In a grassroots effort to promote financial transparency in yeshiva day school education, an unofficial listing of tuition and fees has been circulated online. Aside from the numbers, which have become nearly all-important to many parents who send their children to yeshiva, the shared spreadsheet also includes a column for “Religious Self-Identification.” Anyone can enter a day school’s official or perceived religious affiliation.
As expected, most yeshivot are tagged with the familiar labels: Modern Orthodox, Conservative, Yeshivish (non-Hasidic Haredi), Pluralistic. But a number of unusual subclasses make an appearance — especially among yeshivot in large Orthodox communities — including “Classic Yeshivish,” “Modern Yeshivish,” “Liberal Yeshivish,” “Chabad-ish,” “Modern Orthodox-ish,” and “Bais Yaakov (lite).”
Such an elaborate taxonomy might seem comical and was likely crafted with more than a little whimsy (we are unlikely to find “Liberal Yeshivish,” for example, on the “About Us” webpage of any school). But as fanciful as these particular labels may be, they accurately represent the wide range of choices in the field. And for some members of the Orthodox community, the variations are clearly not trivial. Subtle degrees of classification may reflect real differences in religious and social norms.
On one level, an abundance of choice in the day school marketplace is good news. It is a sign of population growth, diversity, and financial success. With increasing numbers comes a variety of hues and shades, and parents will naturally seek out a school with a coloring that matches their own. All this sounds like a success story. What’s not to like?
Too much institutional choice has a potential downside — it may be a symptom, and a cause, of religious elitism. The more choice that is available, and the more we emphasize the unrivaled superiority of one particular choice, the more alien the rejected options become. We have grown so accustomed to variety and, at the same time, so enamored with our own particular brand, we may demand nothing less than a perfect match for our choice of shul, yeshiva, and social circle. And after settling on that choice, we will deny entry to those we consider less than a perfect fit. Ironically, choice can undermine our tolerance for diversity.
One way to accommodate the diversity that has accompanied the growth of the Orthodox community is to broaden the religious boundaries of our existing communal structures. Instead, we often find that each subgroup draws a tight circle around itself, such that it becomes necessary to add new circles, and circles within circles, based on variations in dress, culture, religious practice, or ideology. A circle of likeminded individuals provides necessary fellowship and comfort, but a circle can easily turn into a wall, sometimes without windows, entryways, or even exit doors.
The themes underlying the Tishrei holidays can help check our obsession with creating ever narrower labels for our communities, our institutions, and ourselves.
The Rosh Hashanah prayers combine universalism and particularism. In the Amida, we try to transcend human divisions when we imagine a unified society: “May all your creations become a single fellowship to do your will with a perfect heart.” This precedes the prayer for the dignity of the Jewish people — “Grant honor to your people and praise to those who revere you.” Similarly, Alenu, which was originally composed for the Rosh Hashanah musaf service, begins with an affirmation of Jewish exceptionalism but ends with a vision of all nations united under God. (Rabbi Joseph B. Soloveitchik wrote that Jewish chosenness is linked with an aspiration for humanity’s redemption. Particularism and universalism are inseparable). If there are any labels here, they are simply “Human” and “Jew.”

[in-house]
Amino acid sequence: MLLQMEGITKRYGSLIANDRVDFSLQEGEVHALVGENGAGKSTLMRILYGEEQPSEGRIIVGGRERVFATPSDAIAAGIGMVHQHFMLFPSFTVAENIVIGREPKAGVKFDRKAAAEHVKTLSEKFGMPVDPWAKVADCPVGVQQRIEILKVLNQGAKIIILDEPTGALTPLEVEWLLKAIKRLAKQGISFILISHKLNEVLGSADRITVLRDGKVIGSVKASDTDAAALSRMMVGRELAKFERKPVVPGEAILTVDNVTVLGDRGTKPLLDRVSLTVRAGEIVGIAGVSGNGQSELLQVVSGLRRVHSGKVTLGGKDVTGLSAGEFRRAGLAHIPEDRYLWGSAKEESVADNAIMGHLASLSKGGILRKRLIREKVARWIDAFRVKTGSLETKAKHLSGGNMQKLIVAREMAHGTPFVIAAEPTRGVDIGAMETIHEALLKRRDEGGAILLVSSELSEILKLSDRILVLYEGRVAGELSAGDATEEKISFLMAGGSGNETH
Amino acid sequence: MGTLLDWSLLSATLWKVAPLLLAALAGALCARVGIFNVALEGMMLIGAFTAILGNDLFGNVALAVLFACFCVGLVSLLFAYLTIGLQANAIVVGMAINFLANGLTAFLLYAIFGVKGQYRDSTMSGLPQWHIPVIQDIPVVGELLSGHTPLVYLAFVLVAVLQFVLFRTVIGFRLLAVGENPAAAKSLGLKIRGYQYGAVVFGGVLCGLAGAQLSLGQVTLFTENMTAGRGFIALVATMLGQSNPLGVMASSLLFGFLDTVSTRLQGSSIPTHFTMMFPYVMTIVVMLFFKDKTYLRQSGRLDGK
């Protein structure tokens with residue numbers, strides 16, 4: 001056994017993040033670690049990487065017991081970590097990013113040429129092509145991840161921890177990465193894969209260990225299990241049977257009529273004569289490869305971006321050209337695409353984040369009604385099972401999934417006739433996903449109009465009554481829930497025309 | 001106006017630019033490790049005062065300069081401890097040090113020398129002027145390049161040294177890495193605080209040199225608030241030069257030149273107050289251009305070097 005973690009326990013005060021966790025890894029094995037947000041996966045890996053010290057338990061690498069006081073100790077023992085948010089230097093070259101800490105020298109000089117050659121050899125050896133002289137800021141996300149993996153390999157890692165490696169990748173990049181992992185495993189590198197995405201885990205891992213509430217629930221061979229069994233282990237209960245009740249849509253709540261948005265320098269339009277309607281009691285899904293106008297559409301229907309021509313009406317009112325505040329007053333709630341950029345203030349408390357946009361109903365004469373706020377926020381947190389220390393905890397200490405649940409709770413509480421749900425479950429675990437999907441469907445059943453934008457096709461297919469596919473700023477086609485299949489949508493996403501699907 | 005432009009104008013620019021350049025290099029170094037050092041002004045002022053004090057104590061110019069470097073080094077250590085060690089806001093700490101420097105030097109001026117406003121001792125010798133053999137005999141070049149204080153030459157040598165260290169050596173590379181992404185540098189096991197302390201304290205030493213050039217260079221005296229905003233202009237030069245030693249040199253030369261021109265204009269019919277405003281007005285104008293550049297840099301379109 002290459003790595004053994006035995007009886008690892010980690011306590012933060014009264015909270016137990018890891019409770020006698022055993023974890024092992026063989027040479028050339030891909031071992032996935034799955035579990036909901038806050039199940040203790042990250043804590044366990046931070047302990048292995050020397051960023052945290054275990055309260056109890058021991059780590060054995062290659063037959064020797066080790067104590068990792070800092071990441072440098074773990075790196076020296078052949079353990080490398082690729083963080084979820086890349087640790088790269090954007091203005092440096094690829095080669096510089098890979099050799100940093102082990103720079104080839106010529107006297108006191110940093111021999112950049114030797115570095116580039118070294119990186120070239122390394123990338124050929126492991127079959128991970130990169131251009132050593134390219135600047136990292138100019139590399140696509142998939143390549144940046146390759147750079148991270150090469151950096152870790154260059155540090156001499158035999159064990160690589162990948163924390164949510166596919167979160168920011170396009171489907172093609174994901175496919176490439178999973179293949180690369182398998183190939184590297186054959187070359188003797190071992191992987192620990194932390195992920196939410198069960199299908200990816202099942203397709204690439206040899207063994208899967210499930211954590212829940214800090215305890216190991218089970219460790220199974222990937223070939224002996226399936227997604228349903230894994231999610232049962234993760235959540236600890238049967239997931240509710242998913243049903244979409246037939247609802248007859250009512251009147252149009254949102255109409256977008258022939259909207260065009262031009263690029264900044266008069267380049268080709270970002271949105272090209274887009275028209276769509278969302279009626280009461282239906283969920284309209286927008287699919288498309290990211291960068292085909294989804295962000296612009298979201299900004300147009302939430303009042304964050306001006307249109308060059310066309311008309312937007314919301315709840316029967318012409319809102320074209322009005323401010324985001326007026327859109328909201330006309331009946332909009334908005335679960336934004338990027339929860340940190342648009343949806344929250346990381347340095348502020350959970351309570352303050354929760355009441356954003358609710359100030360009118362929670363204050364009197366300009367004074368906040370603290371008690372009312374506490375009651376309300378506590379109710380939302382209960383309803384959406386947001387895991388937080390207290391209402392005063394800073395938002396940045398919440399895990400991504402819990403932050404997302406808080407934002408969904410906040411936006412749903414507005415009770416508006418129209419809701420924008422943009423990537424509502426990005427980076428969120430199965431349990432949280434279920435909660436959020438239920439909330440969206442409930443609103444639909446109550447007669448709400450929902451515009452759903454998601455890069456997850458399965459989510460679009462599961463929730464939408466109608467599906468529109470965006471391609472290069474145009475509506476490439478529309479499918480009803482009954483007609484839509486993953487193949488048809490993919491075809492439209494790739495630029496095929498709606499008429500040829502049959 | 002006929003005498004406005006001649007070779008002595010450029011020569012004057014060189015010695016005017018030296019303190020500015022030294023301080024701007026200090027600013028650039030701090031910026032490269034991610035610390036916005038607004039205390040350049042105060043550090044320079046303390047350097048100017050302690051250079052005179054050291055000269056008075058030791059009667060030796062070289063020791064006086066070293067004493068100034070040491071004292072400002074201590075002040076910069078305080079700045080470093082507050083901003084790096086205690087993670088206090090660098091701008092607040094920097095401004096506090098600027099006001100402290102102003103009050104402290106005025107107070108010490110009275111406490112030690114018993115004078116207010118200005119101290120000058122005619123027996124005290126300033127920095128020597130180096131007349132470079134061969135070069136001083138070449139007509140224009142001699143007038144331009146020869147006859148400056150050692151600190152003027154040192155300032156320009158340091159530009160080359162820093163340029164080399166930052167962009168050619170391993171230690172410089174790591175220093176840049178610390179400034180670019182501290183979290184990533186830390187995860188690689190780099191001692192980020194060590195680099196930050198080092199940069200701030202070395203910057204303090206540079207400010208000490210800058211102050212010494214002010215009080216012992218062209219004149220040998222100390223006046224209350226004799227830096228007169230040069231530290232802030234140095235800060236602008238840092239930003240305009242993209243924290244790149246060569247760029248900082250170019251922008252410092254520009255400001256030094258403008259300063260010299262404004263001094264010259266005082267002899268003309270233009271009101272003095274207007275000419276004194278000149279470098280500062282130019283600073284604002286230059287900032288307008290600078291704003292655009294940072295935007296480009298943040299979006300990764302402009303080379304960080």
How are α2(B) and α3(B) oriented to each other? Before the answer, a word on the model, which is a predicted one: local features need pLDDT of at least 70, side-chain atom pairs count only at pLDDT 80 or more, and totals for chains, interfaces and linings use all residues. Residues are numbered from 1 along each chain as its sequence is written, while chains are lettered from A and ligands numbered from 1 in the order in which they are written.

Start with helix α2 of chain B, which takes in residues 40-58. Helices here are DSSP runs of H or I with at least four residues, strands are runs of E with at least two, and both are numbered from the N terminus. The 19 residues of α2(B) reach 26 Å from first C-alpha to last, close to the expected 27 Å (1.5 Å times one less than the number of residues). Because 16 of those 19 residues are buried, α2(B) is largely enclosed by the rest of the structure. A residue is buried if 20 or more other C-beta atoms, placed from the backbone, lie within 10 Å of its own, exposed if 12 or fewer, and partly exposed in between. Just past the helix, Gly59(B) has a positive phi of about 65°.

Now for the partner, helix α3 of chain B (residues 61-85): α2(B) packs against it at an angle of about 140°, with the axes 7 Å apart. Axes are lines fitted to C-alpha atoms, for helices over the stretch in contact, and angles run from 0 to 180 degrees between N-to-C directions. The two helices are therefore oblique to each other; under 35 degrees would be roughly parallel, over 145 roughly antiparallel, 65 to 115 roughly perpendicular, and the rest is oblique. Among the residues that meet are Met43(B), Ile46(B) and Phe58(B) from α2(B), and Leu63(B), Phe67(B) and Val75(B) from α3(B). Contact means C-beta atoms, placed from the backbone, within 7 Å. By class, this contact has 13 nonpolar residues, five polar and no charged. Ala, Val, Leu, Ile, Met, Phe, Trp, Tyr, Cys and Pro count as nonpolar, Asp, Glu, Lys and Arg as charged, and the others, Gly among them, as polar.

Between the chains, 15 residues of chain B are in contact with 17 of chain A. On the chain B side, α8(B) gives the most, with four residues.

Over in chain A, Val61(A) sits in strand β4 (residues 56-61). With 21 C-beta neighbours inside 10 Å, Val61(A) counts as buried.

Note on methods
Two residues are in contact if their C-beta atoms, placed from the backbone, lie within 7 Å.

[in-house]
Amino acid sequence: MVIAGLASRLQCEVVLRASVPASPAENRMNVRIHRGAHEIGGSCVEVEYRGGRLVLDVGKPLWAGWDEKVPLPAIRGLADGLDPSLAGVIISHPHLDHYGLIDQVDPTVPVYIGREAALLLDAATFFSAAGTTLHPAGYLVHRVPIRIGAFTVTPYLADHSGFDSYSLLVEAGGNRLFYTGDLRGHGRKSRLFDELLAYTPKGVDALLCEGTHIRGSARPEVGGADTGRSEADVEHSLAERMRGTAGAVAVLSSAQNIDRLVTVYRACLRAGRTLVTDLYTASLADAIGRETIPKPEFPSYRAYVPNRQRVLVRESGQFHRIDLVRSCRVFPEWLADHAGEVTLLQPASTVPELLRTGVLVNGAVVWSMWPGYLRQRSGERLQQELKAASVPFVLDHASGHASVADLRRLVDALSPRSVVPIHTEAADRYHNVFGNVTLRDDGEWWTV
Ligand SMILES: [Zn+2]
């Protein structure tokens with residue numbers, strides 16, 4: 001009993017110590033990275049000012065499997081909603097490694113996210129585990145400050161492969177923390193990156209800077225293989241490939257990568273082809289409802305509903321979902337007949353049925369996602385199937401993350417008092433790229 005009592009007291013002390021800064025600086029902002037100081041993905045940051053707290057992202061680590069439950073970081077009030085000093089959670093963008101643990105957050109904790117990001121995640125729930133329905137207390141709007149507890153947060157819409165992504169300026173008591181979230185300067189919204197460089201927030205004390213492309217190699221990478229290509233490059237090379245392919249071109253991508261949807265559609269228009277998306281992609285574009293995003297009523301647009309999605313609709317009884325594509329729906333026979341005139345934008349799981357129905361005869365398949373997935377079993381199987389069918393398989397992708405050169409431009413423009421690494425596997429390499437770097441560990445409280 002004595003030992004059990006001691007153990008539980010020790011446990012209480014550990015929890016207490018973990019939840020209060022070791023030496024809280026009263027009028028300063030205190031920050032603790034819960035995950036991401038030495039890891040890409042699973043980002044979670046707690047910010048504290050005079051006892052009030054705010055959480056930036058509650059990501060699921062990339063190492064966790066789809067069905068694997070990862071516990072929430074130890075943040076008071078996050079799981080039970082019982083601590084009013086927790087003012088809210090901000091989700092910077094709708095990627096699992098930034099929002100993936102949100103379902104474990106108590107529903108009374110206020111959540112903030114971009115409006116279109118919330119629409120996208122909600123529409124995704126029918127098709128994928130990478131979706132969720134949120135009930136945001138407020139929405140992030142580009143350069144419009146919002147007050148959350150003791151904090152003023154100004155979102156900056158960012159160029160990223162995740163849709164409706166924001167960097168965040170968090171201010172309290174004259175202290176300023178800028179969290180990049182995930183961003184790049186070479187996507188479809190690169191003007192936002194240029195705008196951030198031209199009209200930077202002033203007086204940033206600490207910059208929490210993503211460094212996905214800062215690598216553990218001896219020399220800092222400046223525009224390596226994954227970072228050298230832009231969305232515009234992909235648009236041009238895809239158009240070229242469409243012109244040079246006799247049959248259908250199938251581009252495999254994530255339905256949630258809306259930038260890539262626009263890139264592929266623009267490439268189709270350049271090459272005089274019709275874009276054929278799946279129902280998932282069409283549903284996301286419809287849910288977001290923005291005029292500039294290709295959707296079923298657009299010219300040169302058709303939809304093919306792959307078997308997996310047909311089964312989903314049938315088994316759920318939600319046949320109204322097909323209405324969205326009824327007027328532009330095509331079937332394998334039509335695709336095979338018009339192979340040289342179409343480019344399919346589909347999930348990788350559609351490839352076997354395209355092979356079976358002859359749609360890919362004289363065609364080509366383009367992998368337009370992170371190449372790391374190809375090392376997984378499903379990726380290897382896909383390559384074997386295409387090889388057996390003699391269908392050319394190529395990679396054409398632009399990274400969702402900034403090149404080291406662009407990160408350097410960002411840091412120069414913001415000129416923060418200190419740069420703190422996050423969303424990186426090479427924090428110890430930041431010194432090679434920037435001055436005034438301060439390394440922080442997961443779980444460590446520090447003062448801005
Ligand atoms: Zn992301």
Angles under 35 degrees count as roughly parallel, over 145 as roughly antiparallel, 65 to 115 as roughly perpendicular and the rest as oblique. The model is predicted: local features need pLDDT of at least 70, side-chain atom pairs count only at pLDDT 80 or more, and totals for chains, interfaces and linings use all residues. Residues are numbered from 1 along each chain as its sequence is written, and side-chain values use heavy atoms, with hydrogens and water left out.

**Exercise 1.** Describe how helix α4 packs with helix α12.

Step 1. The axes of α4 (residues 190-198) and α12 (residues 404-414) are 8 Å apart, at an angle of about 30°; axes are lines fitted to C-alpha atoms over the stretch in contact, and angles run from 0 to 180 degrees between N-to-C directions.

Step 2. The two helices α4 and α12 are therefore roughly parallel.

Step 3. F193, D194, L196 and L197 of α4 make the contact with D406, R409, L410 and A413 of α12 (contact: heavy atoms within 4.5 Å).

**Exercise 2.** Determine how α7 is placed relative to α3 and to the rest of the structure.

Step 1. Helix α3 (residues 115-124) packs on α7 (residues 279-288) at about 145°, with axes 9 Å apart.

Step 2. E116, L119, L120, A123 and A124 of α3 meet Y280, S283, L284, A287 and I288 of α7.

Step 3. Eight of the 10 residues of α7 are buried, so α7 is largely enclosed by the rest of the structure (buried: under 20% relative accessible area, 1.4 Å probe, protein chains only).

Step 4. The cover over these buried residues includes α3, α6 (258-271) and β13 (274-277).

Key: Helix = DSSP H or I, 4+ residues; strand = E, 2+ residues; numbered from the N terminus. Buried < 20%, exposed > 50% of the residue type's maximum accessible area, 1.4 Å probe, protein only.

The ancient Rabbis believed that the major festivals were significant events on the global calendar. On Rosh Hashanah, in the words of the Mishna and repeated in the Unetaneh Tokef hymn, “all the world’s inhabitants pass before God [in judgment] like a line of sheep.” And according to the same mishna, the entire world — not only the Jewish people — is judged for rainfall on Sukkot. The Rabbis also said that the sacrifice of seventy bulls in the Temple over the course of Sukkot was offered on behalf of the “seventy nations” of the world, as if to say that we are all in this together.
The Yom Kippur vidui (confession) comes in two versions — public and private. The congregation sings the public confession out loud, joyfully. But during the silent, private vidui, we stand before God alone, as individuals, honestly confronting our personal shortcomings. At this stark moment, there is no subgroup or sub-label behind which to hide. If we consider both our common humanity and our uncommon individuality, we can resist the tendency to create compound social layers that break us apart.
It seems as though there was never a time in history when all of humanity feared a single God or when Jewish society lacked tribes, competing kingdoms, sects, or denominations. That vision may be out of reach for the foreseeable future. But well before the lion lies down with the lamb, and until all men become brothers, we can still make great strides towards the Messianic Age. Rethinking our proliferating divisions during the early fall holidays may be a step in the right direction.